"Everyone is chain-smoking. The windows are always closed. The walls had wood paneling, which soaks things up. They’re all drunk; they’re all drinking. You somehow know that’s not the only time Freddy Rumsen peed in there. And in those days, ladies wore perfume as a matter of course, the same way they wore constricting and terrible undergarments. BUT, every single one of those perfumes, by contemporary standards, was REALLY big, and REALLY obtrusive. Stuff we now think of as extremely difficult and weird, stuff most people will not wear because it frankly offends them — birch tar; civet (which is the nicest way anyone’s ever managed to say “catshit”); real oakmoss, real patchouli; the burnt-tallow kind of aldehyde, the ball-sweat-Crisco-and-sugar kind of musk — well, that was just how perfume smelled. Joan wears Shalimar. Because of course Joan wears Shalimar.* But imagine every female person, in an enclosed space, smelling exactly as strong as Shalimar. But also different from each other. In an office that Freddy Rumsen peed on. While everyone poured liquor, and smoked."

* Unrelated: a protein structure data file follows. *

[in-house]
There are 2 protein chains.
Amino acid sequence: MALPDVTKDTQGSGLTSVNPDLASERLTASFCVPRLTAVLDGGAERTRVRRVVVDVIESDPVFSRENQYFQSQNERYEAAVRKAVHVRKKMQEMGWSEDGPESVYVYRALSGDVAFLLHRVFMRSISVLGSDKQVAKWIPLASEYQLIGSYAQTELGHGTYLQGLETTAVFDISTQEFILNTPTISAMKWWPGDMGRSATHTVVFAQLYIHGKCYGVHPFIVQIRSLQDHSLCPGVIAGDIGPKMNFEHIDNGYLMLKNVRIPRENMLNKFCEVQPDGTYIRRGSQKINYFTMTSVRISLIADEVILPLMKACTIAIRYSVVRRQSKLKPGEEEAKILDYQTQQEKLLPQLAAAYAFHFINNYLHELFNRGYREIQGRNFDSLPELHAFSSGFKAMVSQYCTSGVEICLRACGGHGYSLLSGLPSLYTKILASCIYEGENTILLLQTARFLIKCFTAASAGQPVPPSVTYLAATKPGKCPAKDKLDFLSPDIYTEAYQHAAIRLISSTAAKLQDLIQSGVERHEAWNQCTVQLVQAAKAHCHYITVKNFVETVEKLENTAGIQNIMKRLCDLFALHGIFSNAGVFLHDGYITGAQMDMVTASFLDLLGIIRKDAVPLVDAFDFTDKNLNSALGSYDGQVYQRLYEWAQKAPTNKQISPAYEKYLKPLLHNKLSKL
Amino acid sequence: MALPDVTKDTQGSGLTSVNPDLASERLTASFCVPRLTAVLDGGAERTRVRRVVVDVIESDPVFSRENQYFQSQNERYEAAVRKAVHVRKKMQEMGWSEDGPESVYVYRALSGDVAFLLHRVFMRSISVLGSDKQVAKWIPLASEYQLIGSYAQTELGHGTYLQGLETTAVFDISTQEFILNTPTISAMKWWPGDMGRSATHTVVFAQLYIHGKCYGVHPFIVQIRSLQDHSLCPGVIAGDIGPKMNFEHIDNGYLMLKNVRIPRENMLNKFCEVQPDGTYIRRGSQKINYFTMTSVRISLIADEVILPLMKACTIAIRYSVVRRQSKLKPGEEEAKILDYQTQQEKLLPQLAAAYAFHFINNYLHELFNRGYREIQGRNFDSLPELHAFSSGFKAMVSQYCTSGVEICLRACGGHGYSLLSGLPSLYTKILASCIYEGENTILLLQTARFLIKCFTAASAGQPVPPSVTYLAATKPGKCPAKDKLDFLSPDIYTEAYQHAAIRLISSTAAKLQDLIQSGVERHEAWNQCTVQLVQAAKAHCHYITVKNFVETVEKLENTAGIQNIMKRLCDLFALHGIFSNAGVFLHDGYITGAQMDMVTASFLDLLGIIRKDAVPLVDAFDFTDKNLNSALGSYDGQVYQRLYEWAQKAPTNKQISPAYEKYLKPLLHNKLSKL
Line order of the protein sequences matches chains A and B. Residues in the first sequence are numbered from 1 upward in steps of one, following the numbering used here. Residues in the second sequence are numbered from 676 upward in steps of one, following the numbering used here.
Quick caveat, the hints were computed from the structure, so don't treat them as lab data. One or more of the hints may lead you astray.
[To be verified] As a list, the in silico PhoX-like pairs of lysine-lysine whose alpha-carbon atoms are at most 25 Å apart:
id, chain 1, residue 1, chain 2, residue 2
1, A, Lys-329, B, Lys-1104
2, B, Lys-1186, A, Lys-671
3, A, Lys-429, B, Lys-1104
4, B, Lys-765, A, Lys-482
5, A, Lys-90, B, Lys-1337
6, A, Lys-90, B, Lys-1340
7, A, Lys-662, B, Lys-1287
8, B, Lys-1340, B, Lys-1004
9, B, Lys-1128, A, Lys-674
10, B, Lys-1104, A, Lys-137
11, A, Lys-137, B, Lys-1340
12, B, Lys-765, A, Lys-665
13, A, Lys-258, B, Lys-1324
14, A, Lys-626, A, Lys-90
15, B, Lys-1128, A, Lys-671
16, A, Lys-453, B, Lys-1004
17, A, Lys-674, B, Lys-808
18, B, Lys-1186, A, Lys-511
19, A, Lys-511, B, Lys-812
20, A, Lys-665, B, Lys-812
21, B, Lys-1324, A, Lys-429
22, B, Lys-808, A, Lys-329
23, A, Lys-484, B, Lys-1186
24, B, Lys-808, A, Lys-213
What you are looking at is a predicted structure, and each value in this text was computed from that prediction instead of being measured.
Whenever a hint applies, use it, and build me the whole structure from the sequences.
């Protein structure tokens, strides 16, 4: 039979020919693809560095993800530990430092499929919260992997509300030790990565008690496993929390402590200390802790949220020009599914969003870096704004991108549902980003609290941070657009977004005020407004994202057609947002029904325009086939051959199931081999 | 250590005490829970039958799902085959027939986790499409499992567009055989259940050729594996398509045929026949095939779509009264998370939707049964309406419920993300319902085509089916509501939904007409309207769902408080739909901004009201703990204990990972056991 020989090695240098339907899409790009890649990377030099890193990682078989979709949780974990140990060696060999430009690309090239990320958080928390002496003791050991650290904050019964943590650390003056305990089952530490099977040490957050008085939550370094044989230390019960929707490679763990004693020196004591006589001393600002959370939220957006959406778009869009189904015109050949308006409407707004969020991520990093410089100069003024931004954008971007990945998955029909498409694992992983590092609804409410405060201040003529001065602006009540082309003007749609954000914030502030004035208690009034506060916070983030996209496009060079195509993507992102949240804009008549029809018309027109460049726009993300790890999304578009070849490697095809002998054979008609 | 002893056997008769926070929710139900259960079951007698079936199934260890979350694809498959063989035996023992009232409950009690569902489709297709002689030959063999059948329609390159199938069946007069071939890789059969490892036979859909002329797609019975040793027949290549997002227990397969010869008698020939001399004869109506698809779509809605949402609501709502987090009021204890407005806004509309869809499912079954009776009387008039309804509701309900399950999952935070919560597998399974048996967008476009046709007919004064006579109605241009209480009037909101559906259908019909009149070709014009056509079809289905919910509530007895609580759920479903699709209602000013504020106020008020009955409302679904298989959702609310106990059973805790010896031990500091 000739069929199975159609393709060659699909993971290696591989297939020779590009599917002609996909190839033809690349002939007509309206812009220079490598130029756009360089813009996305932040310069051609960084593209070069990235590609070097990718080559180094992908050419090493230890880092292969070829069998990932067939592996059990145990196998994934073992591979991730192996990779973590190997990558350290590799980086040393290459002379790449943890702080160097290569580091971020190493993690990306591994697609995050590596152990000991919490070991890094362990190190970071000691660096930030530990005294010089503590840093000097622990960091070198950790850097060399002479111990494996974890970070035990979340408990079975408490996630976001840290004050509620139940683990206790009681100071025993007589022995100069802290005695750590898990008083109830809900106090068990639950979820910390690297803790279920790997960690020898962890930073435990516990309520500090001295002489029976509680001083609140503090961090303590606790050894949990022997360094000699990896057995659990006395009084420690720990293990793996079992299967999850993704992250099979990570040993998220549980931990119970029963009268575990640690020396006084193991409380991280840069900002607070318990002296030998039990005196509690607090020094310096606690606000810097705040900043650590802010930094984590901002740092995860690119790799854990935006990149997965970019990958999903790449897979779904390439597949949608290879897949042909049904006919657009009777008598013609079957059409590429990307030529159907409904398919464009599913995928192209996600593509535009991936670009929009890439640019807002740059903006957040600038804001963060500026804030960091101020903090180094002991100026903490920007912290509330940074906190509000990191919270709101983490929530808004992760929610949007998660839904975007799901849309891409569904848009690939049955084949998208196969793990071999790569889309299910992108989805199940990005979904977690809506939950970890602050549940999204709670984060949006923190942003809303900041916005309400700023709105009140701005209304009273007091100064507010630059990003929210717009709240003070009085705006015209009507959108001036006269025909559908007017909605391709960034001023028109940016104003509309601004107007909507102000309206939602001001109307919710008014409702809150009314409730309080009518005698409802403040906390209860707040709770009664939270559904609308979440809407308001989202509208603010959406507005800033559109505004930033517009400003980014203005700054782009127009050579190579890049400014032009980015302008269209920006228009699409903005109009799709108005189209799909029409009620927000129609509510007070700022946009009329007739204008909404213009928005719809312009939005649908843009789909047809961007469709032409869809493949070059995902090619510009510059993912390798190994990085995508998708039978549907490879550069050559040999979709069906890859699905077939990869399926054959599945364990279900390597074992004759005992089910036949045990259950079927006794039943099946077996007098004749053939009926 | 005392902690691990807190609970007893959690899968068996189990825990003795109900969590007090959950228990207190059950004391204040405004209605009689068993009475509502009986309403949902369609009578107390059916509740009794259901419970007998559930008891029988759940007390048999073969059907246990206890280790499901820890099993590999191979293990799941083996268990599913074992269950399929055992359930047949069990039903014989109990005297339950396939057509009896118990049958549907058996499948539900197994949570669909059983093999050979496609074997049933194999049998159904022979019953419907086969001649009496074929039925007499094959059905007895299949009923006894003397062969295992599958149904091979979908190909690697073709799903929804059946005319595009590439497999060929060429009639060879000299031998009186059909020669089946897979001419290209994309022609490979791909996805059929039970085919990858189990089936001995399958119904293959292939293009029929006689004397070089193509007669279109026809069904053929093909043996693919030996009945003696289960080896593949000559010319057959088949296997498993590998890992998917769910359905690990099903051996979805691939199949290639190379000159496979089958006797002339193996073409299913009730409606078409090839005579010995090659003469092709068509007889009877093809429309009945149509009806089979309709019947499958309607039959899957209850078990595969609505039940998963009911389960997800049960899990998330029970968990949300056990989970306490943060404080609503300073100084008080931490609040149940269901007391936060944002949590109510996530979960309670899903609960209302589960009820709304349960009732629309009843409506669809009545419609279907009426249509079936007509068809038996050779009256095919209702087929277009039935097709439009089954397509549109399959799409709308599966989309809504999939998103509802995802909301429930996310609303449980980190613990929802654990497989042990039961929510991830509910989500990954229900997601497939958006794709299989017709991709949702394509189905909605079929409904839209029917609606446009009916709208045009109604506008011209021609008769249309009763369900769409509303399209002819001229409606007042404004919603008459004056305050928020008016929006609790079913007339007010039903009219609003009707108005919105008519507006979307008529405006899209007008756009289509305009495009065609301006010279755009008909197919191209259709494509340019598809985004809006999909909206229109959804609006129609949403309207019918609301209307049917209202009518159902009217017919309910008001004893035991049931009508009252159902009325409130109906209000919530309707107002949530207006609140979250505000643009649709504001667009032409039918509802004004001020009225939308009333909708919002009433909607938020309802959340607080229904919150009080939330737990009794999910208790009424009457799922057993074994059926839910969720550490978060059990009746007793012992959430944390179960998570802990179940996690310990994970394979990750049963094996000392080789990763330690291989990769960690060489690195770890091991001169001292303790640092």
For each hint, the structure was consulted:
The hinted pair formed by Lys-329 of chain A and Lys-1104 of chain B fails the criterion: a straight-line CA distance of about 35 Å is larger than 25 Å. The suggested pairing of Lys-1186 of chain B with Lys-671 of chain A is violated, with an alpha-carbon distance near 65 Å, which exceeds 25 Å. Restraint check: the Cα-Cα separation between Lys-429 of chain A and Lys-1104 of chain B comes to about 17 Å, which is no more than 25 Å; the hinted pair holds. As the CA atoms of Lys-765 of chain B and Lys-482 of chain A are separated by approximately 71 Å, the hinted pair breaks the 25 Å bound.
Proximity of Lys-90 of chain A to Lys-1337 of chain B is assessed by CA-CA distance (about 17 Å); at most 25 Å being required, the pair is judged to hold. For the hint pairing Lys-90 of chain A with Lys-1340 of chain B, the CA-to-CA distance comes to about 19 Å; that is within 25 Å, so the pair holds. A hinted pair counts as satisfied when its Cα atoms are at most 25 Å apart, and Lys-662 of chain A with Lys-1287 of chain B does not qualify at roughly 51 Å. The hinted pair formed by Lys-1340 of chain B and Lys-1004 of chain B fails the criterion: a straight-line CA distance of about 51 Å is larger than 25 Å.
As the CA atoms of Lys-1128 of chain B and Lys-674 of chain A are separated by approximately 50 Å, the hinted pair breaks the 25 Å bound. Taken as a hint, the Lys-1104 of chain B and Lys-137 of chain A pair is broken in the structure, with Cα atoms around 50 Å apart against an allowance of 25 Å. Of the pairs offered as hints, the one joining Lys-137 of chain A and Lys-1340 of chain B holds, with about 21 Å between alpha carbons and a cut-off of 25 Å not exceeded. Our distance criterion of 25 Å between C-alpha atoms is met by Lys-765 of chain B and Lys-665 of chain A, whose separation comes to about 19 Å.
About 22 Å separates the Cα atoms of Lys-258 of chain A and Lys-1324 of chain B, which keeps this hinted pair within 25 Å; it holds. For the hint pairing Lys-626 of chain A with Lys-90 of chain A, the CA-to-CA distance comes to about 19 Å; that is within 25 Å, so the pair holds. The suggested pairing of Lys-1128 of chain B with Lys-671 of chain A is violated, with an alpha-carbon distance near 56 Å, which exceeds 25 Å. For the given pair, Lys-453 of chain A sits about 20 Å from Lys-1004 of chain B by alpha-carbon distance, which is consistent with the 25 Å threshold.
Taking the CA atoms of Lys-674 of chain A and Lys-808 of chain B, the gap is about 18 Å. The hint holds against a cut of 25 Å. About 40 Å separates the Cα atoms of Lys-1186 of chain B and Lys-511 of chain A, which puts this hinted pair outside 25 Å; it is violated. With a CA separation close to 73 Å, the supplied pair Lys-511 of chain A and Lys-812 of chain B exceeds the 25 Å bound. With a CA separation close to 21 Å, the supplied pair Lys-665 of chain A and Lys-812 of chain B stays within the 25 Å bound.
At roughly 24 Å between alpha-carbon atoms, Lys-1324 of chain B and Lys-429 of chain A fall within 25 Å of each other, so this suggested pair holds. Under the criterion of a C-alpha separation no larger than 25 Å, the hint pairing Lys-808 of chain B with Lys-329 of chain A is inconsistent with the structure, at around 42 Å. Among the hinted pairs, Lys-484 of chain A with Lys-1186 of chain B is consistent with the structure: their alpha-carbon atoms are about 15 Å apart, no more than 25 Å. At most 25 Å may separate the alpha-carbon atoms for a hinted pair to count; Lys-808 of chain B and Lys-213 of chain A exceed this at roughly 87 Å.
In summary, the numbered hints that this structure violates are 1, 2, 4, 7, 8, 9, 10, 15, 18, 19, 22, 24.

Joy: An Entirely Frivolous Blog About Smells: Smoking, Animal Smells, and Perfume Evil
Just reread this to cheer myself up on a gray day in an office that smells of armpit bagel. Sady Doyle Describing Anything is great, but Sady Doyle Describing Smells is HEAVEN.
”Ball-sweat-Crisco-and-sugar kind of musk” !!!
"Who cares, when you’ve lost everything, what “everything” was? Or whether someone else lost a different everything, at some point in time? When has that ever actually mattered, to anyone? Yes, it’s true, my entire family was killed yesterday in a plane crash. However, I immediately turned to browsing these accounts of notable war atrocities, as one does, and have decided their various untimely deaths were actually not that bad! When, in the history of human tragedy, has that line of reasoning ever worked? It doesn’t matter, when you lose everything, what you had before you lost it. What matters is that you lost it, and that it was all you had."
Emily Books: No Hierarchy of Pain
by Sady Doyle
"Becoming a writer, in Inferno, does not mean becoming less of an outsider. It means gaining the freedom to stay outside. For Eileen, it means being able to read the books, to learn without going broke, to pursue what she loves with her whole self, and not just the worn-down, sleepy scraps designated “spare time.” It means not having to fuck men for money or advantage; it means coming out, falling in love with women, fucking women, because that’s what she wants to do. It means being able to value what she feels, and what she experiences. It means breaking through: Claiming a value for herself that is something more than economic, being a creature of thought and feeling and unfeigned, whole desire."
Emily Books: Standing in the Goods by Sady Doyle